Given its preeminent role in the birth of the skyscraper, Chicago is often called a laboratory of modern architecture. This summer, the city has put on new mantle: It has become a nationally significant testing ground for public space.
Eleven years after the triumph of Millennium Park, with its luminous Bean and raucous Crown Fountain, Chicago has dedicated three major public spaces in rapid succession: The 606, with its 2.7 mile Bloomingdale Trail; the newly extended downtown Riverwalk, with its roomlike outdoor spaces; and Maggie Daley Park, with its colorful climbing walls, ice skating ribbon and children's play areas.
While the trio have experienced growing pains — the Riverwalk was flooded by the sewage-infested Chicago River just days after it opened — they appear to be a hit with the public.
At The 606, strollers, joggers, skateboarders and cyclists stream down a bike and walking trail that used to be an elevated freight line. Boats tie up at the Riverwalk as office workers sip wine, resting their glasses on high-backed teak benches. At Maggie Daley Park, a hive of kids run, climb, slide, holler and laugh as they enjoy colorful, creatively designed play equipment with skyline views that no suburban playground can match.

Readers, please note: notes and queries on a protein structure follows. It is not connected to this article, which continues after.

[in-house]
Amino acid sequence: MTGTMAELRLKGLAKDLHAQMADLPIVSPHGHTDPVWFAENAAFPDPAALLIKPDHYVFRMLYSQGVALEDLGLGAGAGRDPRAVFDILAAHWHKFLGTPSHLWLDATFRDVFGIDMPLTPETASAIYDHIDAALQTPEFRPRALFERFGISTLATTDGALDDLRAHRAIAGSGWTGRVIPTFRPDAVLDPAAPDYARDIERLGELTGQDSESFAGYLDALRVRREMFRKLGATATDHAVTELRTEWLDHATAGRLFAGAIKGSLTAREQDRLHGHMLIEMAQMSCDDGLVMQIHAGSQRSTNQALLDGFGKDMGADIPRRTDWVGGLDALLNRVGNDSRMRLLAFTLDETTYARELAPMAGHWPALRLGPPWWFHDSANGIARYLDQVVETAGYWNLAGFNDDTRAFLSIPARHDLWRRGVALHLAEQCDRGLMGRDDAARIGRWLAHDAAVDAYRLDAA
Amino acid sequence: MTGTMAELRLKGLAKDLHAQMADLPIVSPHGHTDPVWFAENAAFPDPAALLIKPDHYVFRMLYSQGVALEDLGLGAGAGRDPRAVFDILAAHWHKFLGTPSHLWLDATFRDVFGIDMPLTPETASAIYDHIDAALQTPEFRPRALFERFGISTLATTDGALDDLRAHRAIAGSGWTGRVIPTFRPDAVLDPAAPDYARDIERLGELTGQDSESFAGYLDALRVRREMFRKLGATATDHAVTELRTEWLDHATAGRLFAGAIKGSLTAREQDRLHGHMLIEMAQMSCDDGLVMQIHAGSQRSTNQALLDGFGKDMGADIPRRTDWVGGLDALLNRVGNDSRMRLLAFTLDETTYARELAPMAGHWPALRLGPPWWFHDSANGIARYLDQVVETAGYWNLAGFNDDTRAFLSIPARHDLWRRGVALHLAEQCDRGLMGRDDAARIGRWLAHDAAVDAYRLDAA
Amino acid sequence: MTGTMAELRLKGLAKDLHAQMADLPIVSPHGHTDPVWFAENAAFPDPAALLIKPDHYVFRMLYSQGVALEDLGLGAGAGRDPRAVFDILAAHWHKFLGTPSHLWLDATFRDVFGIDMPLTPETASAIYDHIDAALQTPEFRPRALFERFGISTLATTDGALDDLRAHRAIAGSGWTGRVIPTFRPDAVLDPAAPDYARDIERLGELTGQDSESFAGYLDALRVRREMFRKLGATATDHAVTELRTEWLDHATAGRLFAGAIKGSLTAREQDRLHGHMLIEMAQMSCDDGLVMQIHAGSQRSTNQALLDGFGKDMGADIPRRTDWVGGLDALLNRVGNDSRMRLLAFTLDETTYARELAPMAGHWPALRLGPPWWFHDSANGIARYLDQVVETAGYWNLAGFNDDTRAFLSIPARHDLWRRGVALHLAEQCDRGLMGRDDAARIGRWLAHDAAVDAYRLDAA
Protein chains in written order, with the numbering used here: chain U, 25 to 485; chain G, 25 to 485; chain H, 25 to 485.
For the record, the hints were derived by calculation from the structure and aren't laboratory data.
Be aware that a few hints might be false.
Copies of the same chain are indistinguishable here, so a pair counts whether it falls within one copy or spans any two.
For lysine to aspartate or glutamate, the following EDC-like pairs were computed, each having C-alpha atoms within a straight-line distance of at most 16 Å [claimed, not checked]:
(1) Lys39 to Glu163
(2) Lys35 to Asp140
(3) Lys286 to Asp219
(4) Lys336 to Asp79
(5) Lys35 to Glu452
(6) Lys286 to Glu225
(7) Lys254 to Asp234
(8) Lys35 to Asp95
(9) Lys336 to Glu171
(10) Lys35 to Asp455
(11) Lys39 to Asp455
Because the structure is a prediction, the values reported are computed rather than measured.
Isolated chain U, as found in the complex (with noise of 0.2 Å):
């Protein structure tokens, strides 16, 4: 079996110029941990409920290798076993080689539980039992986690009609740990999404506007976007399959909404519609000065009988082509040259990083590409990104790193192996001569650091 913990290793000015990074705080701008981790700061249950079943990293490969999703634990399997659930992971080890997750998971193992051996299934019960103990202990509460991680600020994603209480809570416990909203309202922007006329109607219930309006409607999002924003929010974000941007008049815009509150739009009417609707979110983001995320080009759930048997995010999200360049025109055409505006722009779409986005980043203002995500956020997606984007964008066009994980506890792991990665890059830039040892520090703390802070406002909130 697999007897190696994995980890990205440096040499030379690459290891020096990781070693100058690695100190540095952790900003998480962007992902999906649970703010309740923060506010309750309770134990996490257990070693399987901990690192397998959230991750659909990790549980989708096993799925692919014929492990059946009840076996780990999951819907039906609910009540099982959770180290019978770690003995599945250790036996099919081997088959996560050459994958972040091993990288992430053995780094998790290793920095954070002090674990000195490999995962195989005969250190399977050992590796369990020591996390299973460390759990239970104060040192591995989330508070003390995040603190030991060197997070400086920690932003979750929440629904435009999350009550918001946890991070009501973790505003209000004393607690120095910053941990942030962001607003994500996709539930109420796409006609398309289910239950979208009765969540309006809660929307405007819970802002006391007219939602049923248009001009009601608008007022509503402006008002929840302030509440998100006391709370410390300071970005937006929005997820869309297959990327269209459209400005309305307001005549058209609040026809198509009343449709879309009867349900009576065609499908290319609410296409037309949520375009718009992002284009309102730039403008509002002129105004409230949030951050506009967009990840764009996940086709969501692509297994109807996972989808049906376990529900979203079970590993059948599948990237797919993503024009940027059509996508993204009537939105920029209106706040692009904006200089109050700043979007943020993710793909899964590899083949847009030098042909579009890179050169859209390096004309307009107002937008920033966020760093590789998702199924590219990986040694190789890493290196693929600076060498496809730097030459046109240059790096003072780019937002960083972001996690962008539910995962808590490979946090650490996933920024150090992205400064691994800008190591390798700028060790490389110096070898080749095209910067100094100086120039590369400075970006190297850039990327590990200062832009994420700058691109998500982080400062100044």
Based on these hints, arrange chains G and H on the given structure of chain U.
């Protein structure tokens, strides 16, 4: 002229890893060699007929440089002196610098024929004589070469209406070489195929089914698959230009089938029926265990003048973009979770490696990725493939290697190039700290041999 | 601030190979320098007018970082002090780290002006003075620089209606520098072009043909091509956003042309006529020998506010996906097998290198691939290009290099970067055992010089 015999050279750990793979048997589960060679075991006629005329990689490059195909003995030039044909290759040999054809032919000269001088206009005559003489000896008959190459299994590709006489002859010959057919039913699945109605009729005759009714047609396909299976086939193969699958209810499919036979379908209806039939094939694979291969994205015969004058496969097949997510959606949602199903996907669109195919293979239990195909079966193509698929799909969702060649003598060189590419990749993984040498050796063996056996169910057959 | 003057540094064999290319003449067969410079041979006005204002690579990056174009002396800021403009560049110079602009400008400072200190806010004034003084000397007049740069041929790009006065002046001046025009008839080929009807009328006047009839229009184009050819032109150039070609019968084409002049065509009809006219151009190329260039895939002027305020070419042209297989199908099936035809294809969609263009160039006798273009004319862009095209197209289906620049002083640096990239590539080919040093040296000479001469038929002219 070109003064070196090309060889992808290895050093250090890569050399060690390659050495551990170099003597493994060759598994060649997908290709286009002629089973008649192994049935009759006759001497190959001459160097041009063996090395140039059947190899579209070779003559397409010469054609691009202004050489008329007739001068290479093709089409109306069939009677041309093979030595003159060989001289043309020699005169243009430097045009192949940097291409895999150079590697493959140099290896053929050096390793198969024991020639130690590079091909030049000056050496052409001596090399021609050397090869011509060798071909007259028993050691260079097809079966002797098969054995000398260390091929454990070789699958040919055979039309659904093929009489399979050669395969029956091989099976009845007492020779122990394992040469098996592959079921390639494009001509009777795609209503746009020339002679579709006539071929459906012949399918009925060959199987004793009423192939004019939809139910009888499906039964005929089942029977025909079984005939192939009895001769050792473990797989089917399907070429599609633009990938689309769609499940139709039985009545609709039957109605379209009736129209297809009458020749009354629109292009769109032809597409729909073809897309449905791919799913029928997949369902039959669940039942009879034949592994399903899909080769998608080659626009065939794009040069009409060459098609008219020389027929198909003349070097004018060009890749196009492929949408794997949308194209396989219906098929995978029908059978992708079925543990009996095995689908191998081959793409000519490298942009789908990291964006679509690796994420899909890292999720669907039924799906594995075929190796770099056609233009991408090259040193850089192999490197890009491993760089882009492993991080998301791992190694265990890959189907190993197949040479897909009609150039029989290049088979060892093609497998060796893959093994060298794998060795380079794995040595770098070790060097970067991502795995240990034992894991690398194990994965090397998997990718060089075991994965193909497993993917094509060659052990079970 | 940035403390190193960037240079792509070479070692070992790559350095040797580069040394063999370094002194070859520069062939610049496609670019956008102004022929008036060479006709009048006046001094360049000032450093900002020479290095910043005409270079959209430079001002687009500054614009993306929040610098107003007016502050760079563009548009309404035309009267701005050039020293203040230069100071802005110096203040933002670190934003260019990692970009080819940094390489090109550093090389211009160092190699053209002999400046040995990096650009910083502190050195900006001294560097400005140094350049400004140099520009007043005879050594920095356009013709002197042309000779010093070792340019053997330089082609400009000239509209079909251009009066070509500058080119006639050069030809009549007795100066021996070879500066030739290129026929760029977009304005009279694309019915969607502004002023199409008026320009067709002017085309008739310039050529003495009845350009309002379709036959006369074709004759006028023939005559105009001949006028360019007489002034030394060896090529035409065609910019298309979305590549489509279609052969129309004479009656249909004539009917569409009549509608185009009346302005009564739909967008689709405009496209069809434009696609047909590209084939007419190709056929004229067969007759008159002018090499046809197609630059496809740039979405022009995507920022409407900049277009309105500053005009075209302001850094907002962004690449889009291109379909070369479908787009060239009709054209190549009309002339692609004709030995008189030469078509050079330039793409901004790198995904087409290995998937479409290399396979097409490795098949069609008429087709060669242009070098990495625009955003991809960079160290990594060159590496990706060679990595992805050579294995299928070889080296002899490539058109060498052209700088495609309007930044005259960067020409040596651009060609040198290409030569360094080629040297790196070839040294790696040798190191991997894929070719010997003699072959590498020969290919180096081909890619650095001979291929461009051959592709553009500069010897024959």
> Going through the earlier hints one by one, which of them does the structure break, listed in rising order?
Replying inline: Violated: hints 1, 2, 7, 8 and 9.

What's going on here?
It's not just more open space. It's a different kind of open space — more interactive and more richly planted than an ordinary park or the typical American corporate landscape of sod and trees. Michael Van Valkenburgh, the Brooklyn-based landscape architect of The 606 and Maggie Daley Park, has termed that banal, low-maintenance approach "Mow, Blow and Go."
The new pleasure grounds discard the formality of Grant Park, whose Versailles-inspired beauty can be as stiff as a starched collar.
They also differ, to a degree, from the designs of the great 19th-century landscape architect Frederick Law Olmsted, whose works include the South Side's Jackson and Washington parks. Olmsted's man-made meadows and meres sought to provide a refuge from the noisy and dirty industrial city. His parks also strove to form an alternative to private parks that required a key (and, one suspects, a sizable bank account) for entry.